Dutilleux orchestral music

0 of 5 stars

The Shadows of Time
Symphony No.2, “Le Double”

Orchestre de Capitole de Toulouse conducted by Michel Plasson

Reviewed by: Colin Anderson

Reviewed: March 2002
CD No: EMI CDC 5 57143 2

Henri Dutilleux (born 1916) indicates his French nationality through his light and mercurial textures. His music is harmonically based and expressed through the most fastidious colours. Dutilleux is a perfectionist, someone who crafts every note and sound. Although Dutilleux has great concern for every detail heard – the CD’s cover is a succinct illustration of this – such perfectionism does not prevent his music being emotional, vibrant and communicative.

All the music here was written for great American orchestras. Metaboles (1964), for George Szell and the Cleveland Orchestra, is a set of studies ranging from the deeply beautiful ’Lineaire’ (for strings) to more dynamic and rhythmic movements that are energetic and scored brilliantly with much subtlety and incident.

Symphony No.2, ’Le Double’, composed for the Boston Symphony and Charles Munch in 1959, is a three-movement, 30-minute piece cast as a classical symphony of motivic transformation. A novel part of its scoring is a small group of players that forms a separate ensemble, which sits in front of the full orchestra, of string quartet, oboe, B flat clarinet, bassoon, trumpet, trombone, harpsichord, celesta and timpani. This distinction between an instrumental troupe and full orchestra is not that of the ’concerto grosso’, rather it allows material-interplay between the two groups; hence the symphony’s sub-title. It’s an absorbing work of contrasts and variegation. The slow movement is of hypnotic stillness, while the syncopated finale seems to suggest Dutilleux’s love of swing bands.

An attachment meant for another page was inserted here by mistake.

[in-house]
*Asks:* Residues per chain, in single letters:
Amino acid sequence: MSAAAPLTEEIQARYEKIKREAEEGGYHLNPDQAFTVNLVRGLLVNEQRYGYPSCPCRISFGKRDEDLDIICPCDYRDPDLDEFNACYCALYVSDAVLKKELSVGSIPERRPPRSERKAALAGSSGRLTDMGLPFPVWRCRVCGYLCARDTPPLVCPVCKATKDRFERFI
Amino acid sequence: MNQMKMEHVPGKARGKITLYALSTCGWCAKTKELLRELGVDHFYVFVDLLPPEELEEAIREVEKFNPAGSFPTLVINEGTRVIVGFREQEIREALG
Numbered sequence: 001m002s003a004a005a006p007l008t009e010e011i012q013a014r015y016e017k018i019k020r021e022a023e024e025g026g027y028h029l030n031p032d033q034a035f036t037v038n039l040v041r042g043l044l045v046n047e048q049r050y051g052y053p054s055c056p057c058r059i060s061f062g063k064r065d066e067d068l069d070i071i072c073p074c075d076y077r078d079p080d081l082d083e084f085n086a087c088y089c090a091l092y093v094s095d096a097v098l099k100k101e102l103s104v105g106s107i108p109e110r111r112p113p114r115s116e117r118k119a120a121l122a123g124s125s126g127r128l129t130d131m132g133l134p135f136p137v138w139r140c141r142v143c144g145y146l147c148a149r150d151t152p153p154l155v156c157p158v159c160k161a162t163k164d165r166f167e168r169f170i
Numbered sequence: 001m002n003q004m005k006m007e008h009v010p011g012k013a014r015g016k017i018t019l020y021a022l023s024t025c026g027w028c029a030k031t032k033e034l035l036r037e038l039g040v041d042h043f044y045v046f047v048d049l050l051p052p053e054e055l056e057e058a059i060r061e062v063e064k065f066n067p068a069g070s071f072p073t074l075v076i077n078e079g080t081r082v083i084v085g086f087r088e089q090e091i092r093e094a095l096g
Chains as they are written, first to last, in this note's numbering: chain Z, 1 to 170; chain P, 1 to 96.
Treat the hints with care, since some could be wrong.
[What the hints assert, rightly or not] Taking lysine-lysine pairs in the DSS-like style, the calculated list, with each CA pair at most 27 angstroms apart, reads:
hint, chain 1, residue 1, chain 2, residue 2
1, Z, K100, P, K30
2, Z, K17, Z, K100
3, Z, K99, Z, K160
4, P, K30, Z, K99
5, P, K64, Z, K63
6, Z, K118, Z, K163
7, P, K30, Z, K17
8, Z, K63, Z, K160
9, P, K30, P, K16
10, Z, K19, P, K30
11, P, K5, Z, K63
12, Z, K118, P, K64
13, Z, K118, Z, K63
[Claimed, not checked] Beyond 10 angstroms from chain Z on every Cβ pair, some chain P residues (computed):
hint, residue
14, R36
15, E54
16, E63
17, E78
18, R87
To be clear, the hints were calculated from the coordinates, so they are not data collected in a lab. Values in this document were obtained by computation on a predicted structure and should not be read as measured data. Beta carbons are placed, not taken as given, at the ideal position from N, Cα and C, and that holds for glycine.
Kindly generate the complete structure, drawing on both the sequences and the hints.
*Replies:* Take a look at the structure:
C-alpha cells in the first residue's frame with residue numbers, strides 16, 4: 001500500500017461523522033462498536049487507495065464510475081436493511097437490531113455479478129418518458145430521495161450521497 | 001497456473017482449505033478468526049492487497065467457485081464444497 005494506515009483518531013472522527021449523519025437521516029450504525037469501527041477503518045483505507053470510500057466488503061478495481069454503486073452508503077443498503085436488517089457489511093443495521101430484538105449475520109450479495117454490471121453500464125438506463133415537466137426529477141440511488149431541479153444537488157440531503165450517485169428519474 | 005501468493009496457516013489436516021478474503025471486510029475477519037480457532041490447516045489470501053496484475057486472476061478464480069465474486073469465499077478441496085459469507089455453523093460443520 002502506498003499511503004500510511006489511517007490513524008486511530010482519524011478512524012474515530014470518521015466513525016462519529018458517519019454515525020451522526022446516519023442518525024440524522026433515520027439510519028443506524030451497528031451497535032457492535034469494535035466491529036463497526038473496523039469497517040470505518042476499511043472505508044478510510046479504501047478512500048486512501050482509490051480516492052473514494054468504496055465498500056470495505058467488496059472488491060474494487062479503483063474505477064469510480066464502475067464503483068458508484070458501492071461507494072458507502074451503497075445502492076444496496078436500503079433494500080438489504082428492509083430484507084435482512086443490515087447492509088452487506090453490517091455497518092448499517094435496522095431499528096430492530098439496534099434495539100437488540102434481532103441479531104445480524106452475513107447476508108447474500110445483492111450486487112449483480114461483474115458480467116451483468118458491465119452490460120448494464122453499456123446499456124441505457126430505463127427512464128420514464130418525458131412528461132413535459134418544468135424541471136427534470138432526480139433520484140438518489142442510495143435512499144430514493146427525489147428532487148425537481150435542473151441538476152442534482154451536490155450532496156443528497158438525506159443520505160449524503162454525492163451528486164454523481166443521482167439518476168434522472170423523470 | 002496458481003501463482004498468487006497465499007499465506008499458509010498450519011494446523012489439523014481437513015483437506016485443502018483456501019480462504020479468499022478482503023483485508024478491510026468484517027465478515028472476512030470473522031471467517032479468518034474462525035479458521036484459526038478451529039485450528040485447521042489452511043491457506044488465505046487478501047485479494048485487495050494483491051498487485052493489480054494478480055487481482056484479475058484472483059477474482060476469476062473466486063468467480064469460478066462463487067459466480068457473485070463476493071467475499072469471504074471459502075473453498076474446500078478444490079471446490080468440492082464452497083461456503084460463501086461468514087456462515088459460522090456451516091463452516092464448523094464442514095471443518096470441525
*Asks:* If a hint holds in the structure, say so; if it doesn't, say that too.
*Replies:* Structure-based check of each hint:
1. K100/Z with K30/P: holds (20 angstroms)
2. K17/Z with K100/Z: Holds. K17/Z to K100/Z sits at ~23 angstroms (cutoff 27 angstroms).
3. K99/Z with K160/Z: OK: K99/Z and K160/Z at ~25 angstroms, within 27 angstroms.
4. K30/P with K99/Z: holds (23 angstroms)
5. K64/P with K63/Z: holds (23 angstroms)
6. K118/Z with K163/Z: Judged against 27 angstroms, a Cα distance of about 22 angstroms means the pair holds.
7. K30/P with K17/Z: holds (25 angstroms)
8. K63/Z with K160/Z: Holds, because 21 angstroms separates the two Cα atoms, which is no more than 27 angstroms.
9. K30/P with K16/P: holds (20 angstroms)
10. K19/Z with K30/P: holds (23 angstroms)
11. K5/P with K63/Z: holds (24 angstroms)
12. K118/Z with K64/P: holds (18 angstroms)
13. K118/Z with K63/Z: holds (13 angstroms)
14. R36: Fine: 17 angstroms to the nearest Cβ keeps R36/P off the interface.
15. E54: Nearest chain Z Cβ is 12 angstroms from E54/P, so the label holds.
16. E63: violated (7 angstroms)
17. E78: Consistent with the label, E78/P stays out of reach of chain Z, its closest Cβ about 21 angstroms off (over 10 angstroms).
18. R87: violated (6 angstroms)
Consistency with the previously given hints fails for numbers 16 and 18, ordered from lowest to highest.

The Shadows of Time (1997) is also for the Boston Symphony, this time Seiji Ozawa. Time-conscious and humanitarian in its digest, Dutilleux remembers Anne Frank and those who perished at Hiroshima, a wood-block measuring time passing. It’s a troubled score in search of consolation. Dutilleux asks “Why?” and includes children’s voices in his tapestry of resonance.

All these performances are of the highest quality – vital, accurate and committed. The characteristically French instrumental timbres that the Toulouse Orchestra has thankfully retained are attractive in themselves; for all the transatlantic impulse of the music, the French musicians’ soundworld is apposite to Dutilleux’s invention.

The recording is superb, the acoustic of Halle-aux-Grains sympathetic to the quietest or fullest sounds. The orchestra is positioned exactly in a discernible space. Balance between sections is excellent with plenty of impact, instrumental clarity and tonal distinctiveness – double basses, for example, veiled or growling, or rasping trombones and skirling piccolo. The placing of the soloists in ’Le Double’ allows the interchange of material to be as lucid as possible. Dynamic shifts are dramatic, the focus and impact of tuttis is as exciting as the music itself.

Michel Plasson has meticulously prepared his Orchestra. That the composer was present at the sessions (in 1998, Symphony, and 2001) only adds to the sense of occasion that this CD documents and relays.

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